RENVILLE, MINN. – Saturday morning in the Minnesota River bottoms south of this small town a few ducks flew about 10 minutes before sunrise. The state’s waterfowl season had been open only a short while, and Will Smith and his son, Harrison, discharged a volley from their shotguns that splashed a hen wood duck into the water just beyond their decoys.
Similar efforts were being recorded at the same time throughout the state.
Win Mitchell and Jon Schneider, for instance, were in western Minnesota, hunting near Marsh Lake. Dan Gahlon and his bunch were in Douglas County on Lake Christina. Bill Marchel and Rolf Moen were on the Mississippi River near Brainerd. And John and Gary Graupman were on Swan Lake, north of Nicollet.
In days gone by, these waterfowlers would have been joined by tens of thousands just like them. Historically a haven for ducks and duck hunters, Minnesota for generations led the nation in the number of waterfowlers it put in the field.
Falling duck numbers and changing times have driven a stake into the heart of duck hunting, and now Minnesota often is subordinate to Texas measured by the number of federal duck stamps sold.
An embarrassment, yes, but in the end, it makes no nevermind. As long as Minnesota has water, it will have ducks, and with them residents who are drawn each fall to the state’s wetlands and shallow lakes to seek thrills like no other while honoring a tradition that dates to the invention of gunpowder.
Light was gathering more fully now against a low sky, and Harrison had alerted his dad to another squadron of wood ducks appearing over their decoys.
Again, shots rang out and again a bird arced toward its fateful end.
Given the lack of teal, wood ducks and mallards seen in these parts in recent seasons, this second bird, when in hand courtesy of my young dog, Rowdy, recalled the good old days of duck hunting in these river bottoms, when limits or near limits were routine.
The night before, on the eve of this year’s opener, Will, Harrison and I had gathered in the same Smith-family shack that housed Will and me and Will’s brother, Dan, on opening-duck-hunting weekends when we were only recently out of college.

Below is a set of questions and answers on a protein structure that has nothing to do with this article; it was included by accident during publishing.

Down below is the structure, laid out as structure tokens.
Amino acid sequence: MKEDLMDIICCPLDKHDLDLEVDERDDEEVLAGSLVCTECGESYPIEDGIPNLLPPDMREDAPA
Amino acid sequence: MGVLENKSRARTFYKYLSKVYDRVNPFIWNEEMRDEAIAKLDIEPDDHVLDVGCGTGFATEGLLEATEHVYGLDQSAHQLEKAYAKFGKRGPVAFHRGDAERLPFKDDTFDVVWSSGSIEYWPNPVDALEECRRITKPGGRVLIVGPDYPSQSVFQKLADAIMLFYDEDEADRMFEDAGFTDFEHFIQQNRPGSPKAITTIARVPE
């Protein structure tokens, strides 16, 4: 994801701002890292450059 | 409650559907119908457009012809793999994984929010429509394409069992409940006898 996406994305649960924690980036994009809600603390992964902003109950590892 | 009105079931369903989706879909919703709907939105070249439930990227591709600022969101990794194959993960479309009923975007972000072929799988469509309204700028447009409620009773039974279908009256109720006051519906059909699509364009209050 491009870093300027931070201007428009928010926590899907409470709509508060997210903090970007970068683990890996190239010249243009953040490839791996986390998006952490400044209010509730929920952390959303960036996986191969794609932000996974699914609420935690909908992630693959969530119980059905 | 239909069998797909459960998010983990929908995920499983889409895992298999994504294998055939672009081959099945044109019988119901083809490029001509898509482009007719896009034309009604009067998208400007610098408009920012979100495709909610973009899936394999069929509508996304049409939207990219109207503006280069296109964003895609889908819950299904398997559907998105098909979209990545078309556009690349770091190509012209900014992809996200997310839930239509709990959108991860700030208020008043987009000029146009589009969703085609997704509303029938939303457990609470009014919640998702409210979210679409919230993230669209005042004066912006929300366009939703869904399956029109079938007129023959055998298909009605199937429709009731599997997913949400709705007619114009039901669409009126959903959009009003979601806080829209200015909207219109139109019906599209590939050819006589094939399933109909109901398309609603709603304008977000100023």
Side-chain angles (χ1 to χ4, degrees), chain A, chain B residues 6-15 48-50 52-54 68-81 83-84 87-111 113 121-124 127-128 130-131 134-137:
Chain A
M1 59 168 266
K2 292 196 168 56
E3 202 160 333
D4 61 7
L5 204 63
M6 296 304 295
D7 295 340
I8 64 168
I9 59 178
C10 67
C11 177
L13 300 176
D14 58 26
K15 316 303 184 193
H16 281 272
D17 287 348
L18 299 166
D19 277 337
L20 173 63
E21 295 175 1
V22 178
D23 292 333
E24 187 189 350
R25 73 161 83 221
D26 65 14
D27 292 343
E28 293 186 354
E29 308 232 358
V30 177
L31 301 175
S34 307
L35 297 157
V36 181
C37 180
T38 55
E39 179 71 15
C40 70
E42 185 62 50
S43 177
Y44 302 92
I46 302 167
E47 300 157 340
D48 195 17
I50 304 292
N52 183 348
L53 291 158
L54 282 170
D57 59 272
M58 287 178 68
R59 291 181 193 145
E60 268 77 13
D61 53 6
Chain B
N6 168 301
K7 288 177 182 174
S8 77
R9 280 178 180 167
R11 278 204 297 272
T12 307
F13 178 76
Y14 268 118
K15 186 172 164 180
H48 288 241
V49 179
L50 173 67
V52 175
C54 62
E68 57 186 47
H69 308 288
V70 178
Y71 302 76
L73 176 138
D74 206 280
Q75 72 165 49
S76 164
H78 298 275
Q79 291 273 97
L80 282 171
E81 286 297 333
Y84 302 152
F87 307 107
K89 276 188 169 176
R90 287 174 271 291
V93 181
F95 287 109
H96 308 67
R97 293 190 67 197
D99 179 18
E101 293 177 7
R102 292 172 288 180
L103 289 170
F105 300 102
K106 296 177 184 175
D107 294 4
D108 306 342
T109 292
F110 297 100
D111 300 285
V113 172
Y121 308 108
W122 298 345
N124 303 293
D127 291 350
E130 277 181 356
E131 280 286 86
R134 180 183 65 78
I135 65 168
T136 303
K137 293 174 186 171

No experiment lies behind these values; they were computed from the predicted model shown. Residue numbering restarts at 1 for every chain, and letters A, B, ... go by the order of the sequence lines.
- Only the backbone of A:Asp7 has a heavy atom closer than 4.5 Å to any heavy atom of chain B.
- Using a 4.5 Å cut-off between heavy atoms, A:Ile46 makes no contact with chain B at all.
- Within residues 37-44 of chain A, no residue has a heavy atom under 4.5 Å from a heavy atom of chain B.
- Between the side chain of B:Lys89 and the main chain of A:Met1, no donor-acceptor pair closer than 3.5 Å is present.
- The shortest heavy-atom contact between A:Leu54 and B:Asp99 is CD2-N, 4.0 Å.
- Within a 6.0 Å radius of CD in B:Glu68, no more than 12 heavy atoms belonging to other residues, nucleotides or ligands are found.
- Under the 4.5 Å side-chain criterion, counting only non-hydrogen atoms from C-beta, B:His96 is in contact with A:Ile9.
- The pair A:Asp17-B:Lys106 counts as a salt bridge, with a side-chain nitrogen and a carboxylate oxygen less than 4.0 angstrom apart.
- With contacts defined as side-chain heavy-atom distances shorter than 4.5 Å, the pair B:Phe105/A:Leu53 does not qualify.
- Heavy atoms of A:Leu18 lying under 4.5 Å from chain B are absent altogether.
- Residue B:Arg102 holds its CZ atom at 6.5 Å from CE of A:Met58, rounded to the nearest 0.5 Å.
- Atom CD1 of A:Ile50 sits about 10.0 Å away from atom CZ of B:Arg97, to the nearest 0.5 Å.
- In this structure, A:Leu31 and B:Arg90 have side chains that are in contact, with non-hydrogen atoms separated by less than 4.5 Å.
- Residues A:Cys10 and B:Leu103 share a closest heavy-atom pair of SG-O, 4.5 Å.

These were festive gatherings fueled by outsized trigger-pulling expectations that were regularly realized. Will and Dan’s dad, Bill, and their mom, Mary Lou, joined in the fun, too, and the chili and homemade pies Mary Lou prepared for suppers at the shack rivaled the State Fair’s best.
In the years since, the Smith shack has grown still more character-rich. Gracing one wall are elk and mule deer antlers returned from the West decades ago by Will and Dan’s grandpa. On another wall are poetry verses dedicated to waterfowling and a cache of conservation posters and wildlife paintings. A few of my old columns wallpaper the place as well, including one I wrote in 1980 describing a day Willy and I and two of my dogs spent at the shack.
“Many people may not see this as a good time,’’ I wrote, “but to me they come no better. What more could one ask? The city is far enough away to forget and the country is close enough to soak up. What’s more, my dogs are nearby and because they stink real good they’re happy too.’’
The referenced pooches are long gone, and Bill and Mary Lou have passed on as well. Yet one and all they remain as much a part of the shack as its 2x4s, gas lights and wood stove.
It goes without saying that every Minnesota waterfowler wants to see beaucoup ducks, and sometimes the stars align, and they do.
But as important for Willy, Dan and me, Harrison and his brothers Matthew and Parker, along with Dan’s son, Neil, and my sons, Trevor and Cole, all of whom have been frequent visitors to the shack, gauge a hunt’s success not only by ducks bagged but by dogs petted, great food consumed and memorable sunrises shared.
“I saw a few ducks down here the other day when I was scouting,’’ Will said. “That was encouraging.’’
Department of Natural Resources wildlife managers in recent weeks have been encouraged as well, based on reports that Minnesota duck production this summer was believed to be good.
Saturday morning, in western Minnesota, near Marsh Lake, Mitchell and Schneider validated that characterization, saying that reasonable numbers of ducks flew early on the state wildlife management area they hunted.
Lake Christina also provided pretty good duck action, particularly on its south side. Also, the Mississippi River in north-central Minnesota attracted strong numbers of hunters, some of whom took limits or near limits of teal and woodies. And waterfowlers on Swan Lake averaged two birds apiece, or about double the number secured in some recent years.
Dan, Will’s brother, didn’t hunt Saturday. Instead he put still more finishing touches on a river-bottom shack he started three years ago.
On the deck of that shack, after Will, Harrison and I had stowed our guns and decoys, Dan grilled bratwurst for us, a great end to a memorable morning.
So it went.
Dennis Anderson email@example.com